Warning: Tax strategies are now being carved out as private property, patented through the U.S. Patent Office.The practice started with a trickle in 1998, and is now becoming a steady stream threatening to overflow its banks. How does this development affect the tax practitioner? Will a practitioner be subject to a patent infringement suit for using a particular technique that has been "making the rounds?" Should practitioners begin applying for patents on strategies that they have discovered in solving a particularly thorny problem for a client?
The problems surrounding the patenting of tax strategies have caught the eye of Congress. The Subcommittee on Select Revenue Measures of the House Ways and Means Committee held a hearing in mid-July to uncover and start addressing the issues relating to the patenting of tax advice.
While members of the subcommittee are reserving judgment until they all meet privately and air their views, the tone of the questioning and closing comments indicated that changes may be forthcoming.
Patentable items have come a long way since the electric light bulb (Patent No. 223,898). Patents may be obtained on processes, machines, manufactures and composition of matter that are useful, novel and non-obvious. Once granted, a patent enjoys a presumption of validity. An accused infringer may assert that a patent is invalid or unenforceable on a number of grounds, including prior use and non-patentability.
The development of patents on tax strategies started with the groundbreaking case that first allowed business method patents, State Street Bank (149 F.3d 1368 (1998)), in which the Federal Circuit held that a method of doing business was patentable subject matter. That patent application involved a data-processing system for mutual fund investments that used a partnership structure to allocate income and expenses and make daily calculations of partnership interests and share prices, as well as year-end calculations for tax and accounting purposes.
From that controversial beginning, over 8,000 applications for business methods are now filed each year. As with State Street, many of these patents incorporate structures that add tax benefits to their desirability. With this background, the leap to allowing the patenting of strategies in which tax considerations predominated, therefore, may have been inevitable.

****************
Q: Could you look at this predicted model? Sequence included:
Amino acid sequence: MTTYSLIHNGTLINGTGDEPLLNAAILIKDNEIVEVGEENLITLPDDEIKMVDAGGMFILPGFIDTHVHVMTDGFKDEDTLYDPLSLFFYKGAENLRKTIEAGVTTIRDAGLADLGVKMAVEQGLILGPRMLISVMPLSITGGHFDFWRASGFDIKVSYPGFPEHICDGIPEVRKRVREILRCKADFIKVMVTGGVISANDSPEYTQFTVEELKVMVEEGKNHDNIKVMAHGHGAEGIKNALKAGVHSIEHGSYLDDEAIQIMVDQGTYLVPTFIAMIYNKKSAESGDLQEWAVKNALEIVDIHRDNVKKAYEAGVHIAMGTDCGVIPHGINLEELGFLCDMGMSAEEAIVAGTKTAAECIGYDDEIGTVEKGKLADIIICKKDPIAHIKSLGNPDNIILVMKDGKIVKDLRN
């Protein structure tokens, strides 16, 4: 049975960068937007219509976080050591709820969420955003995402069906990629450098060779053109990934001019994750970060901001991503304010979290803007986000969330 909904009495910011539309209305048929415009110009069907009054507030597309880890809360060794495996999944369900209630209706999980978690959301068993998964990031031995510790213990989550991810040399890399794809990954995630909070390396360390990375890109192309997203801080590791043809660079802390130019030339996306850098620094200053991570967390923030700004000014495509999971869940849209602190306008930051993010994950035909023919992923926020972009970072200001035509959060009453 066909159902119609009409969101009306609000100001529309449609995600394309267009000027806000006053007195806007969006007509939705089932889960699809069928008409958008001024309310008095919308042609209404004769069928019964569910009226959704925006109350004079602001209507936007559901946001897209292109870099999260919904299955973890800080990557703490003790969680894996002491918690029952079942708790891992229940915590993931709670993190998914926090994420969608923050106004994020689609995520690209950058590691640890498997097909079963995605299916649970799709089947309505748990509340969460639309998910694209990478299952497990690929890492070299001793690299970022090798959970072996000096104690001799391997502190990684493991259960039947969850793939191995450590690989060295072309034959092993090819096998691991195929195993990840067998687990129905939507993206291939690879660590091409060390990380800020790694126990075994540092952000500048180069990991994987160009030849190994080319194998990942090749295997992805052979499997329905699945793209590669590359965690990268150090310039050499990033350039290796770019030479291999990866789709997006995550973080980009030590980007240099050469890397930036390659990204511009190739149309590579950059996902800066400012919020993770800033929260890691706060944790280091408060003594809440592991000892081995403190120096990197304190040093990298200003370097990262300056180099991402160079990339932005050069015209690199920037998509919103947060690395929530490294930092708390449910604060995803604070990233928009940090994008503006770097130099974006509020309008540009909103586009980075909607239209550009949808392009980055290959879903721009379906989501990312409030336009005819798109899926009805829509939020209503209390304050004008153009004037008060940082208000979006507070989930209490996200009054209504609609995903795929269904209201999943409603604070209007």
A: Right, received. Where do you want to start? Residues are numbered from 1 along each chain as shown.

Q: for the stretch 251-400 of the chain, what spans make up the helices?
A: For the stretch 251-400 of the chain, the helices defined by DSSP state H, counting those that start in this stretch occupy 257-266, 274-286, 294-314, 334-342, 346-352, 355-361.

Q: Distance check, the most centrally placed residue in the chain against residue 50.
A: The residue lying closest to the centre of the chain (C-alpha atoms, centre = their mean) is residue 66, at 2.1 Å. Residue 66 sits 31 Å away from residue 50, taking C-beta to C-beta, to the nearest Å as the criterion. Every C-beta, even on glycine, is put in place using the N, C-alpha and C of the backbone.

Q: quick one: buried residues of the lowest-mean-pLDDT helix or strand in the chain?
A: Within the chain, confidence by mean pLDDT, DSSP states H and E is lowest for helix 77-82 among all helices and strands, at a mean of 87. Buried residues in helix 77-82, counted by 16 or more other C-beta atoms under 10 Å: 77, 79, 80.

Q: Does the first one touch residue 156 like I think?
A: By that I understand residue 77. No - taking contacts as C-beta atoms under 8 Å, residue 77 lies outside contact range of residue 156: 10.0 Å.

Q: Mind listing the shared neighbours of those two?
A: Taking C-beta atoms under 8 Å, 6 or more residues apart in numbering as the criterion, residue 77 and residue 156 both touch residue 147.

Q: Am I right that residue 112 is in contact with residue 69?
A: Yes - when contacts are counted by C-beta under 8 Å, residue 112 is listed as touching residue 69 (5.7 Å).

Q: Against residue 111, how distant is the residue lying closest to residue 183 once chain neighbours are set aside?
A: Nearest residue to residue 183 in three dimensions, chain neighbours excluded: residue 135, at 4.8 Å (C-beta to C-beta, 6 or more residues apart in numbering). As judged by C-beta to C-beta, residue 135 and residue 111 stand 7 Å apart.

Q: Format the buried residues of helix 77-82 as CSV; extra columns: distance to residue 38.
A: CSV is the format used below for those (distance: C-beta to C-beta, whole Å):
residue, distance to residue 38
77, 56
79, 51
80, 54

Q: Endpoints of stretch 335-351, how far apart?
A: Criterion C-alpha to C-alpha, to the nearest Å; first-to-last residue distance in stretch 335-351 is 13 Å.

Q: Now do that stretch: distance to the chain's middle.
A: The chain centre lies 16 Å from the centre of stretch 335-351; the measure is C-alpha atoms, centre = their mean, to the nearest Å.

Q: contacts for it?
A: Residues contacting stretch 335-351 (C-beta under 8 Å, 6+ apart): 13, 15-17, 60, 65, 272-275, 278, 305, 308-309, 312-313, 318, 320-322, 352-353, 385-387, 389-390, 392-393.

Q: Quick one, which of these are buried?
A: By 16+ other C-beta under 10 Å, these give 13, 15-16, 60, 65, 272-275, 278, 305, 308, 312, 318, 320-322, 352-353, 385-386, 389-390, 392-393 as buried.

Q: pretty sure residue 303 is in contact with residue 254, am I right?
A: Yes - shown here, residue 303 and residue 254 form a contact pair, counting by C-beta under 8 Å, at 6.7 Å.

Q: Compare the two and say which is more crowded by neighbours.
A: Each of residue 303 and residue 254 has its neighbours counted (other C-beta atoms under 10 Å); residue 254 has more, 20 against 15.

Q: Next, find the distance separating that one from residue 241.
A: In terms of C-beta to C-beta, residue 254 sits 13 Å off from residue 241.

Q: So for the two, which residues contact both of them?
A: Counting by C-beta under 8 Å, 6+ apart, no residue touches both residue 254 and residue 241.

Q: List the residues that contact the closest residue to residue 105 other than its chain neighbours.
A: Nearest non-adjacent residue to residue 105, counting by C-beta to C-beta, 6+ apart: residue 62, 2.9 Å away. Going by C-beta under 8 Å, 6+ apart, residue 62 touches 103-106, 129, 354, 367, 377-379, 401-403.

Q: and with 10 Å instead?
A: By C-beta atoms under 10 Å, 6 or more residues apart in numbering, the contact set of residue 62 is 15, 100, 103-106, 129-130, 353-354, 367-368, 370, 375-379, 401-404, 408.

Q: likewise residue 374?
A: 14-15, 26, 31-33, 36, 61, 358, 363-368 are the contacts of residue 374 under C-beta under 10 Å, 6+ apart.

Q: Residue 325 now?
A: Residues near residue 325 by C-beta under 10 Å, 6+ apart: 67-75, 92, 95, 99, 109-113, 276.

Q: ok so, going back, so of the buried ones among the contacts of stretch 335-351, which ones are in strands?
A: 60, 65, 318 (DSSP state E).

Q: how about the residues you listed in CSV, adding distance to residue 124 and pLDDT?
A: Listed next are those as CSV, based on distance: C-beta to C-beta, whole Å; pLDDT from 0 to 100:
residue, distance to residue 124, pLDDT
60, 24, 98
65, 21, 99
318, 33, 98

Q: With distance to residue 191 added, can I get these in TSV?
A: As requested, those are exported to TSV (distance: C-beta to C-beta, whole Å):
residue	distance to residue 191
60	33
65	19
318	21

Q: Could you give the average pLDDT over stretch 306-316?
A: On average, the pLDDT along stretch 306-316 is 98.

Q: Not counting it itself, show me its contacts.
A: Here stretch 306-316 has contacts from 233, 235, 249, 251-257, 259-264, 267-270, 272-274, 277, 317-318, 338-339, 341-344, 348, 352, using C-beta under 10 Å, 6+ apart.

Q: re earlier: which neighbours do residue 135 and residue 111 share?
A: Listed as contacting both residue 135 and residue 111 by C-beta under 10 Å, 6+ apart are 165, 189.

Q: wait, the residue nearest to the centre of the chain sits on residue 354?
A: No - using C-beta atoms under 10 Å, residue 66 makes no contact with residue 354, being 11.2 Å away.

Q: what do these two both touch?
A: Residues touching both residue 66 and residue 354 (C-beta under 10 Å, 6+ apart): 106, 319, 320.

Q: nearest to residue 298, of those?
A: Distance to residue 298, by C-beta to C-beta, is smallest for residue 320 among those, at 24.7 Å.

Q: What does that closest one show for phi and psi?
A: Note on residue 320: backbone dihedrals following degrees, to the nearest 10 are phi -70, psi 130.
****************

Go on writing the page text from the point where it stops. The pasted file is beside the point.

Since 1998, the U.S. Patent and Trademark Office has issued 41 patents relating to tax advice. Some 60 tax advice patent applications are pending. A variety of tax patents have been granted. They point to the evolution of tax patents from ones exclusively based on the use of computers to strategies based on structure-based processes. The latter category had been confined primarily to the estate planning area, but lately has seen development into compensation and corporate reorganization matters.
One tax patent being discussed lately, the so-called SOGRAT, has raised particular concern because it is driven by a non-computerized strategy. "Establishing and managing grantor-retained annuity trusts funded by nonqualified stock options," Patent No. 6,567,790, was granted May 20, 2003, to facilitate estate planning. The unique feature of this GRAT is the use of nonqualified stock options to fund it, and the sequential valuations of those options in coordination with each annuity payment.
The SOGRAT patent is currently the subject of litigation in federal court based on alleged infringement (Wealth Transfer Group v. Rowe, No. 06CV00024, D. Conn., filed Jan. 6, 2006). Reportedly, at least one financial institution has backed away from using a SOGRAT technique suggested in its newsletter to clients after the patent holder saw the article and threatened to sue. The cost of litigation, rather than the merits of the case, apparently persuaded the institution to abandon use of the strategy entirely.
Tax patents that have been granted so far in the structure-based strategies category typically involve a series of complex steps that unlikely would be precisely imitated without direct reference to the patented materials. Other applications, however, purportedly are becoming less intricate. The SOGRAT strategy appears to fall in the middle of the spectrum. In either case, how close other practitioners can come in using the same sequence and combination of code provisions to customize a strategy for their clients remains an issue.
Pros and cons
The pros and cons of issuing tax patents can serve as a roadmap to the current considerations that tax practitioners must weigh. A summary of the current debate may point to possible solutions.